Asking for help
Their yellow jacket has a tricky zipper, so you pull it up. Their lunch box on the counter may be too high for them to reach, so you grab it for them. Because we know what our kids need, they don't always get enough experience asking for help. But teachers can't always anticipate those needs, and kids should learn to self-advocate, Williams says.
Prep them now: Start waiting for your child to ask for a hand before jumping in and they'll grow accustomed to vocalizing their needs. Soon they won't feel uneasy about raising their hand when their glue stick is empty. Teachers also want kids to feel comfortable confiding things they might feel embarrassed about, like forgetting lunch or being sad when they were excluded from a game at recess, says Beth Zawadzki Smith, an elementary-school teacher in Lancaster, Pennsylvania.
While kids should feel confident about asking for a hand, teachers won't always be able to tie every sneaker and button each coat. "There are many students and just a few helpers," says Lauren Mazariegos, a kindergarten teacher in Queen Creek, Arizona. For these tasks, kids need strong fine motor skills.
Prep them now: "Play, play, play," says Zawadzki Smith. "Blowing bubbles and writing with sidewalk chalk are other fun summer activities that boost these fine motor skills." Working with small LEGO bricks, Perler beads, and Play-Doh or making pictures with small stickers ramps up their abilities. Mazariegos also recommends having your child practice scissor skills using scrap paper. If your child is still having issues by the time school starts, consider work-arounds like Velcro sneakers or jackets that pull on over their head.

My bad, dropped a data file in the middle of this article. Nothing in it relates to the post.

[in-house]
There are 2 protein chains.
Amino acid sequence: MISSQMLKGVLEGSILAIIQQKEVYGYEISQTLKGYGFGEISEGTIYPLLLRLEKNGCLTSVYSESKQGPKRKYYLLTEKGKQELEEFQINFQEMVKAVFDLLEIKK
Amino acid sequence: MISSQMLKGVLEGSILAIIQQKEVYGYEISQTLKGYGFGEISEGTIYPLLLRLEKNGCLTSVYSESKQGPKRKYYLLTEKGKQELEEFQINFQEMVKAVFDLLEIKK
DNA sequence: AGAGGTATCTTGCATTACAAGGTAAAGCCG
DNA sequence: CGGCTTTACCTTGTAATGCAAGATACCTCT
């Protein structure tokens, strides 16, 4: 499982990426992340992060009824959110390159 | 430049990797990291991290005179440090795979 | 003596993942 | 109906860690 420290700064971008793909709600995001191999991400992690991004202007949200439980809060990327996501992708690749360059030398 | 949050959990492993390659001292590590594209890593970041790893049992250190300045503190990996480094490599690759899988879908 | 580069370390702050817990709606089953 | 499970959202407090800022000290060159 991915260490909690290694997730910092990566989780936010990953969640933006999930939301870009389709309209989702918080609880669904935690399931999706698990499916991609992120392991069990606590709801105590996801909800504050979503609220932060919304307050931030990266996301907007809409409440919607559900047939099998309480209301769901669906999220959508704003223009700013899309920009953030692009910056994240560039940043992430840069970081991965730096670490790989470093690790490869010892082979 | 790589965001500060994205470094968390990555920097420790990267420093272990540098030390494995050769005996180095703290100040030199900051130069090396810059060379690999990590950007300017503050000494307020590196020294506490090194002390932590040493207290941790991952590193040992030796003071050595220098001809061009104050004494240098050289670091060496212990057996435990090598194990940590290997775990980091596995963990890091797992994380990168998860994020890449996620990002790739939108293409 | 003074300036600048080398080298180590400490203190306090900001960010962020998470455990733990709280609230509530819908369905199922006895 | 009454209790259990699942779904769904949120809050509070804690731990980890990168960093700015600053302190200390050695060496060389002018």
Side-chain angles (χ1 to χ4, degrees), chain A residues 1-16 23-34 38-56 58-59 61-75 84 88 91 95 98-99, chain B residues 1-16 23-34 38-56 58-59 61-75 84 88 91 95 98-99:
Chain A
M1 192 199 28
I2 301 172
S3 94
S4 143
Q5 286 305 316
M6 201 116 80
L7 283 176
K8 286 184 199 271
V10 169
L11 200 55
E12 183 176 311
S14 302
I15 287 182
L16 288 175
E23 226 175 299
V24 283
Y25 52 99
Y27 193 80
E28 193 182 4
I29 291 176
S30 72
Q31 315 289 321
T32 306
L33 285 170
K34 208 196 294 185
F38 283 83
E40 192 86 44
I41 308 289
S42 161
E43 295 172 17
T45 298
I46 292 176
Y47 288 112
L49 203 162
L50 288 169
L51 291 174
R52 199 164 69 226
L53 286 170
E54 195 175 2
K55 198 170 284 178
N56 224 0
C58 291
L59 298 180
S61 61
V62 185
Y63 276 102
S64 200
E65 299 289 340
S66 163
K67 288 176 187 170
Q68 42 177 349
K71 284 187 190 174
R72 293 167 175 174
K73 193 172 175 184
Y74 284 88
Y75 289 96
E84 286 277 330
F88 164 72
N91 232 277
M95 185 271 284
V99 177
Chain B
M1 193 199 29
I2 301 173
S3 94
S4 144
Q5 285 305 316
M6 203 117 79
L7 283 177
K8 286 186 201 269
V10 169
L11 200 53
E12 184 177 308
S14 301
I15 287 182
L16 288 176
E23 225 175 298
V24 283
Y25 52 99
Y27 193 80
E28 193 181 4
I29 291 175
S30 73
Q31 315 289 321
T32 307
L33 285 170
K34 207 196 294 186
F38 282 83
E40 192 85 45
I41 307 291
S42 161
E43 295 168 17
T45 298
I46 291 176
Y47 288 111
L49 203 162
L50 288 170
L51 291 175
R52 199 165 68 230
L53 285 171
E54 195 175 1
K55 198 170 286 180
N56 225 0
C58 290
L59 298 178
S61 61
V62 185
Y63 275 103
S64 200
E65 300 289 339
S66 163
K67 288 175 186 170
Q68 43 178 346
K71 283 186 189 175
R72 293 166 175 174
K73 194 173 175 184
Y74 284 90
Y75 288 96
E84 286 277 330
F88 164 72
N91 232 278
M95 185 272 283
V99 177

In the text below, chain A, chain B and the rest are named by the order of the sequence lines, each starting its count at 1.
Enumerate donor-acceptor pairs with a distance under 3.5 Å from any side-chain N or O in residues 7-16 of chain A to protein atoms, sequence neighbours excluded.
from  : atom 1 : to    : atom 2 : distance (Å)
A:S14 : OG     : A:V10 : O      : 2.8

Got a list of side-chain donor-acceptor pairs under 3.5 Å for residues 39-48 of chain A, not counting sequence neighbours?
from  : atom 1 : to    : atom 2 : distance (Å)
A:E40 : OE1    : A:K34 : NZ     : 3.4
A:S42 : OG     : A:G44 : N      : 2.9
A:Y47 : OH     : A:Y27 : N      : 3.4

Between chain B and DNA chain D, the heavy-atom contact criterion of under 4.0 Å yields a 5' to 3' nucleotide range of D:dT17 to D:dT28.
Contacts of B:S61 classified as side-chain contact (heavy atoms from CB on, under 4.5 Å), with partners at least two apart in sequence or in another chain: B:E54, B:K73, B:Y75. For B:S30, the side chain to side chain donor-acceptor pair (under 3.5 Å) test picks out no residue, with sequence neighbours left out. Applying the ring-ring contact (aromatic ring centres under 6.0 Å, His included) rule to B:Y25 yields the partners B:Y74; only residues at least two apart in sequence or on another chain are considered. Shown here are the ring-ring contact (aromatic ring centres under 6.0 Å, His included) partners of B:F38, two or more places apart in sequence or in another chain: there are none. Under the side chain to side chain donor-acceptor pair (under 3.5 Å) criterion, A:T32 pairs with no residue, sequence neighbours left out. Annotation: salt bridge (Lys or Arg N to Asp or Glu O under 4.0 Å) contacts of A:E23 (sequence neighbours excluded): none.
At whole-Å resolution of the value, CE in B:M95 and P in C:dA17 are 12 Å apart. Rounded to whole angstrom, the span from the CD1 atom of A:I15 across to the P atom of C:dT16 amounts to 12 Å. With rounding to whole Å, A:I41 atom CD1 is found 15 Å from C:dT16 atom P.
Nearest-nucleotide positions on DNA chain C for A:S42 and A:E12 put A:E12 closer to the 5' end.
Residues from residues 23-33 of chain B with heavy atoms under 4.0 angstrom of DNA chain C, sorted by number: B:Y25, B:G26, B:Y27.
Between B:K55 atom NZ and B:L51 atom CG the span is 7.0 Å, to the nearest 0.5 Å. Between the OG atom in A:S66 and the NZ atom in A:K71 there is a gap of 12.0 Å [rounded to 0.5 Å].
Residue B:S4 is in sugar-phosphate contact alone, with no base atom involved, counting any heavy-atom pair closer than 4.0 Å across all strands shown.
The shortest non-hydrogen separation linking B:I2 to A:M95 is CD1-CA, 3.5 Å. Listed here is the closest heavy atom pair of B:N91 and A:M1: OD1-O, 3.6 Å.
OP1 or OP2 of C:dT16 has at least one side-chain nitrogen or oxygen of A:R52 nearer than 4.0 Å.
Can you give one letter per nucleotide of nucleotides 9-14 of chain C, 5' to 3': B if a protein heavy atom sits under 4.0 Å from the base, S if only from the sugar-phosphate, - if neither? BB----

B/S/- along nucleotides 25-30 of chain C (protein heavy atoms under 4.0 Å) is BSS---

Grades 1 to 3
Managing their space
Kids this age usually have their own designated areas, like cubbies and desks that they'll be expected to tidy up.
Prep them now: Give your child their own school workspace at home, including items like pencils, paper, and crayons, and have them practice keeping it neat, Rossi suggests. Outline the desk space with a place mat to show where they should keep their work contained, and use a zipper pouch for pencils, crayons, erasers, glue sticks, and scissors. Teach your child that items such as school folders and workbooks "live" in the color-coordinated bins that you provide.
Teachers expect early elementary-schoolers to manage directions with at least three steps: "Write two sentences about a vocabulary word. Draw a picture of it. When you're done, put it in the bin on my desk."
Prep them now: Bedtime is a perfect time to practice, Rossi says. Give your child three tasks at once: "Put on your pajamas, toss your dirty clothes in the hamper, and brush your teeth." Once they master that, add a few more steps one by one. Cooking with kids is another fun way to help kids foster this skill. Just be sure to break down the steps in a recipe's directions a little further for children: "Take out the flour, the measuring cup, and the bowl. Measure one cup of flour. Pour it into the bowl."